I won’t say that I think this afternoon solved all the problems that exist in the treatment of breast cancer. I wasn’t sure what to expect, and frankly, didn’t expect much. I thought it would probably be the FDA’s way of checking off a box– yes, we talked to breast cancer patients. Done. I know that cancer drugs are still going to have some pretty rotten side effects, and my talking about them won’t make them disappear. Yet I feel like the FDA panelists were truly listening, and that our discussions might influence what level of side effects they find acceptable. Perhaps they will consider adding new trial endpoints, or they will require more data on dosing to stop the “more is better” philosophy that is common in cancer treatment. The meeting is over, but the public docket is open for comments until June 2, at which time they will be summarized for the permanent record. If you’d like to add your comments, please head to their page and do so. (There are some specific questions that they want patients to address, found about halfway down the page under the “Public Meeting Information” heading. You can add your comments by clicking the blue “comment now” button at the top right of the page.)

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Little Reminders | Peripheral Neuropathy after Breast Cancer Treatment

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Back when I talked about my cancer book, I mentioned that, among other things, I used it to keep track of my neuropathy symptoms.   Peripheral neuropathy– numbness in the hands and feet– is a common side effect of taxol, one of the chemo drugs I was given.  My oncologist had told me that it was something that  I needed to keep track of– it is one of the most common reasons for dose reductions or treatment delay during taxol treatment. She stressed that I shouldn’t worry about a little tingling, but to be sure to let her know if it was causing such a problem that I was dropping things or having balance problems.  (Yikes.) Fortunately, it never got that bad.  It started in my right foot– first the big toe and gradually over the eight weeks it crept all the way to my pinky toe, causing my entire fore foot to feel funny for an hour or so at a time.  Eventually, I noticed it in the fingertips on my right hand, too.  I should point out that it doesn’t hurt.  It’s not that “pins and needles” feeling when your foot falls asleep and it seriously hurts to put weight on it.  It’s more like when you’ve been outside in winter too long. (Snowy, 18 degree days like today. I’m over you, winter…) That’s how my toes felt– when you don’t really have frostbite, but even after your toes start to warm up, they still feel really weird.  A little numb, and just plain weird.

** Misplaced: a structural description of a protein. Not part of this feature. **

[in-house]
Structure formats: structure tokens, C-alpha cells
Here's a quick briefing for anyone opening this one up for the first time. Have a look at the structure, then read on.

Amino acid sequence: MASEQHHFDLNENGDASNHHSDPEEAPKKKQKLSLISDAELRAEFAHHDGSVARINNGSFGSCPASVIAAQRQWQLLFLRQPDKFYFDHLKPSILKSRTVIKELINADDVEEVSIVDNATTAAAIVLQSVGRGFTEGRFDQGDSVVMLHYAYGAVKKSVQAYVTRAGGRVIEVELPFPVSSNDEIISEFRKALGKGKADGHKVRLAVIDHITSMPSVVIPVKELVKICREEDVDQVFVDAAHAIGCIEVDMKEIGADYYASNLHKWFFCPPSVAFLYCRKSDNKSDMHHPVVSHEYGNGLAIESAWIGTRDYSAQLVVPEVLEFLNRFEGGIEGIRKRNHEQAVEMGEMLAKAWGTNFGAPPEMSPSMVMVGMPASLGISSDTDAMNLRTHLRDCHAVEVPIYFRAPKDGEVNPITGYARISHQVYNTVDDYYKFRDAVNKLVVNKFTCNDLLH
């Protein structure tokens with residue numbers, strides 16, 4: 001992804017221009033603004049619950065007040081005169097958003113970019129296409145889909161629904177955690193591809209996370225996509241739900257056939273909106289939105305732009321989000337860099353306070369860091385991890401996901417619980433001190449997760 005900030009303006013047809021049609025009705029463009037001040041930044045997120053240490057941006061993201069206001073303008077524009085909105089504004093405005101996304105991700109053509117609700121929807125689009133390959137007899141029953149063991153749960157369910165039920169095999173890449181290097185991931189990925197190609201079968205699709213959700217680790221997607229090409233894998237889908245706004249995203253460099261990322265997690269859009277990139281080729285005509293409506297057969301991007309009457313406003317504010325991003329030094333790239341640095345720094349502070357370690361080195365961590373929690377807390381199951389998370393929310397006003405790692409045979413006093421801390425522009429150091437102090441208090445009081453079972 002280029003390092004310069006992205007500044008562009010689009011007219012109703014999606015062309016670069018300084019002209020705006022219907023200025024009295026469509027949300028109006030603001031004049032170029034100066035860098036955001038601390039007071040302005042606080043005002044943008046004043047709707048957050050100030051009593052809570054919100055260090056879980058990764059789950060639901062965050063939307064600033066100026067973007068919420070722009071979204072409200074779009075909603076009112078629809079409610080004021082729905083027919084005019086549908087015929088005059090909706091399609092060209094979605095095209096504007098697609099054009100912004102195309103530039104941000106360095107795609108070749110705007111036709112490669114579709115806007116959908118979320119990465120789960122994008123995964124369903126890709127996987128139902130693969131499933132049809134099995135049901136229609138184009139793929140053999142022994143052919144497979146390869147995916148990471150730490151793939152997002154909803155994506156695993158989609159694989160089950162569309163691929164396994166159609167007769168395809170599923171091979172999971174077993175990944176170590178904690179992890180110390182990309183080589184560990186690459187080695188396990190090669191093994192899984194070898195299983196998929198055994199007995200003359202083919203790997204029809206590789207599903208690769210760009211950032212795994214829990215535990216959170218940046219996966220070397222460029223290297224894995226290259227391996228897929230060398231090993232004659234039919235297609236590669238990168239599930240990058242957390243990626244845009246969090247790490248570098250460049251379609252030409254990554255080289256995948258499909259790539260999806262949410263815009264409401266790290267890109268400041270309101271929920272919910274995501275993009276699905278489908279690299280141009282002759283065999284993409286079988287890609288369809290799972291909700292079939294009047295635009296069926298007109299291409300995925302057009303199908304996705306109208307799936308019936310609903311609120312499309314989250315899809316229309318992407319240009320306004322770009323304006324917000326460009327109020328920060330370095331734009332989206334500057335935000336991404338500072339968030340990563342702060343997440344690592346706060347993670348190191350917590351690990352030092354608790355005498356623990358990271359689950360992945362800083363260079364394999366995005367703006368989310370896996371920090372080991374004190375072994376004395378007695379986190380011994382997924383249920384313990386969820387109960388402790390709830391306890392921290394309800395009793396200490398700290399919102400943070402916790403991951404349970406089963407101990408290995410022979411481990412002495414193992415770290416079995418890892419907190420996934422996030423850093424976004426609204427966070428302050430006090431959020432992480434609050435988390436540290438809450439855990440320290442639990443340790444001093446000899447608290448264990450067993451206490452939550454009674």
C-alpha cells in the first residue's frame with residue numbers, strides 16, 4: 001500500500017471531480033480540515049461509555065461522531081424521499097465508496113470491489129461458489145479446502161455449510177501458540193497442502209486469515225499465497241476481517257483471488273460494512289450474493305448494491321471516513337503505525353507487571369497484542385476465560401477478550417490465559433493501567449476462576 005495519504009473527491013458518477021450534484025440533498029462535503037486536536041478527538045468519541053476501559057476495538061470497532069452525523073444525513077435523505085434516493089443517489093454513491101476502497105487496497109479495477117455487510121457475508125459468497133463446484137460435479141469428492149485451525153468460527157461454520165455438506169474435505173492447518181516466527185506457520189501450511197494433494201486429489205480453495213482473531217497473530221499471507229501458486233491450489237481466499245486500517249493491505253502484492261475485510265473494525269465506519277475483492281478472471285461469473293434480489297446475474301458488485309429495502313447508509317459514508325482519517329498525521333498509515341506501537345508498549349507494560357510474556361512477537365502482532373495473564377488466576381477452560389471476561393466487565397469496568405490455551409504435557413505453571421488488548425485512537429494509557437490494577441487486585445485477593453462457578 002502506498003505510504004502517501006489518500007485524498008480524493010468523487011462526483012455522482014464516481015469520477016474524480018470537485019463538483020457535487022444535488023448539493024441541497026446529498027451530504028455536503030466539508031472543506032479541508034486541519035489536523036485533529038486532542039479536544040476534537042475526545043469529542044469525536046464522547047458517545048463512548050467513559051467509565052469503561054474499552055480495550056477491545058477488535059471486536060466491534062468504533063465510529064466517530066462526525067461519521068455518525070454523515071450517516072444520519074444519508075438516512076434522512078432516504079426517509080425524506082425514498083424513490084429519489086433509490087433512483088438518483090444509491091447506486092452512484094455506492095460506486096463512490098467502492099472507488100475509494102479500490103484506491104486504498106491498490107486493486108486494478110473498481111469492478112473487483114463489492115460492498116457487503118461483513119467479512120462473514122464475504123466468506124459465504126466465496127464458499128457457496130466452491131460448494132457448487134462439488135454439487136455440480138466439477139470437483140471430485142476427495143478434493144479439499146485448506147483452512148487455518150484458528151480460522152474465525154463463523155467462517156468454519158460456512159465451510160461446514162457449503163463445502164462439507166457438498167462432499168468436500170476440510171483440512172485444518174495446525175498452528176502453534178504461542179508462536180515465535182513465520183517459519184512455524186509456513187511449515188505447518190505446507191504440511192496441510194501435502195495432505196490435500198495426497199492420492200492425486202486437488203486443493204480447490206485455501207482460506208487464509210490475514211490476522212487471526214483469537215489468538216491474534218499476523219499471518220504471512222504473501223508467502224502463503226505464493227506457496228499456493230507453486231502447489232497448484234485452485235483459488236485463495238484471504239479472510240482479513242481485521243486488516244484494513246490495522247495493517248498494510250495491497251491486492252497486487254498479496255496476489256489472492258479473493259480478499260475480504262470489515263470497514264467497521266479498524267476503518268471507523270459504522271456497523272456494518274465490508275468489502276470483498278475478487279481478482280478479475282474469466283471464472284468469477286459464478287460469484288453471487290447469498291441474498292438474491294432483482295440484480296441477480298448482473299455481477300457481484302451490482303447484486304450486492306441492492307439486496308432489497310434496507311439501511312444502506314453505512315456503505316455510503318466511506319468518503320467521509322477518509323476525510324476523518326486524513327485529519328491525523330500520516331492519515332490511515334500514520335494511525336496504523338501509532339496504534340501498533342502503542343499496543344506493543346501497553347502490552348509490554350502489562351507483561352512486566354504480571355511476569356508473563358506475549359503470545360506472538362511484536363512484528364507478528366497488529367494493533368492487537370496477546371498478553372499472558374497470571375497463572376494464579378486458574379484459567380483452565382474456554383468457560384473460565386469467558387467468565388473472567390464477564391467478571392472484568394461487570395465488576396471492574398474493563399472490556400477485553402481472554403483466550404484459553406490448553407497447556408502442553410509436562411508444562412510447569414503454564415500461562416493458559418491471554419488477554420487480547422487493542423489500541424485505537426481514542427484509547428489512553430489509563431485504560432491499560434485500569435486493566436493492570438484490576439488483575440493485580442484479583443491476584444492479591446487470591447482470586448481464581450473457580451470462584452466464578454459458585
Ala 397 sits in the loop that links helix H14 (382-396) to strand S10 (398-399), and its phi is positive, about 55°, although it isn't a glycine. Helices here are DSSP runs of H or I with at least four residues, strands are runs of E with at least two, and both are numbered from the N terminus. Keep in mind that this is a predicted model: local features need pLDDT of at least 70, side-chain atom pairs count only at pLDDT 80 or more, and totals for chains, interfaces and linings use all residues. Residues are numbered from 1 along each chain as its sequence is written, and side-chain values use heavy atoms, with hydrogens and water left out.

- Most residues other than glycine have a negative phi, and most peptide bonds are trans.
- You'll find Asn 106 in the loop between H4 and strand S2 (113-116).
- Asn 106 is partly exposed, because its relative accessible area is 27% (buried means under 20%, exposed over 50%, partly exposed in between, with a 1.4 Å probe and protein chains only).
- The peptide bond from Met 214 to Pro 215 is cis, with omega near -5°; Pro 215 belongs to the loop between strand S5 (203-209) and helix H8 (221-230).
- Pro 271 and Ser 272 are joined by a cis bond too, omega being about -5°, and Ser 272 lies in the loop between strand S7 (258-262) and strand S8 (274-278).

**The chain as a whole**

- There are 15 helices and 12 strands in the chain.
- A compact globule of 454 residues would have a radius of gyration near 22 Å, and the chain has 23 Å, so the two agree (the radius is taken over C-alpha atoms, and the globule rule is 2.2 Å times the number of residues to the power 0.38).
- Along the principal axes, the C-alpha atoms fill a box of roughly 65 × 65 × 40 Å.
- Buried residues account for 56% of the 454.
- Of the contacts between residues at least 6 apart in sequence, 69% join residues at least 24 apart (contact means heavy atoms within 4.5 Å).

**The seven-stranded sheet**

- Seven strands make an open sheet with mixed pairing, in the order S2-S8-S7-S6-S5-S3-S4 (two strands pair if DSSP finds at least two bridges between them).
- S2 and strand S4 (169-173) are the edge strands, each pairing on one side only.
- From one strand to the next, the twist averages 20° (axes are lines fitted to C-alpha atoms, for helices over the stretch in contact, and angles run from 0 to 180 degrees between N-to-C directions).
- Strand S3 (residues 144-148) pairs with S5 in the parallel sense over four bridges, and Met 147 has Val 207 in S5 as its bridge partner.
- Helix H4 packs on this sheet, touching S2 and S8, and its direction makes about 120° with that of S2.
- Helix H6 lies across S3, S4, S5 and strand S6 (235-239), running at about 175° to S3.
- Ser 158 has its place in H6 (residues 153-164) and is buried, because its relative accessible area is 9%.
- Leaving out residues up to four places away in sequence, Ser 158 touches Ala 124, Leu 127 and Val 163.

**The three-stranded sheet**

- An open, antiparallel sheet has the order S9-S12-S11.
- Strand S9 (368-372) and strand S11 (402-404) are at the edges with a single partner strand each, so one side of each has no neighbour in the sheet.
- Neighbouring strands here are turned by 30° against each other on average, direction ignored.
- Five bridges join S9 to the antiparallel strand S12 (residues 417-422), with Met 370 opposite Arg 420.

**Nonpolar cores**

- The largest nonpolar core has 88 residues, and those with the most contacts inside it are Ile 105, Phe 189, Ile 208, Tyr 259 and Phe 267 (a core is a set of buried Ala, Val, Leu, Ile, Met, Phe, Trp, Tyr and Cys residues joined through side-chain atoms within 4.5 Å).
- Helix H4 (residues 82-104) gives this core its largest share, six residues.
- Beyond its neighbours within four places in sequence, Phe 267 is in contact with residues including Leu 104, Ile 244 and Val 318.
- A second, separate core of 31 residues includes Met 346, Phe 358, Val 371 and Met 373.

Thankfully, as my blood counts ventured up and my hair began to grow back after my last chemo infusion, the neuropathy began to subside, too.  Fewer toes and fingers were involved, it didn’t happen as often, and it didn’t last as long each time I noticed it.  I’d heard about some people who struggle with chemo-induced peripheral neuropathy for years, even forever, but figured I’d be in the lucky symptom free group since my symptoms started to dissipate so quickly.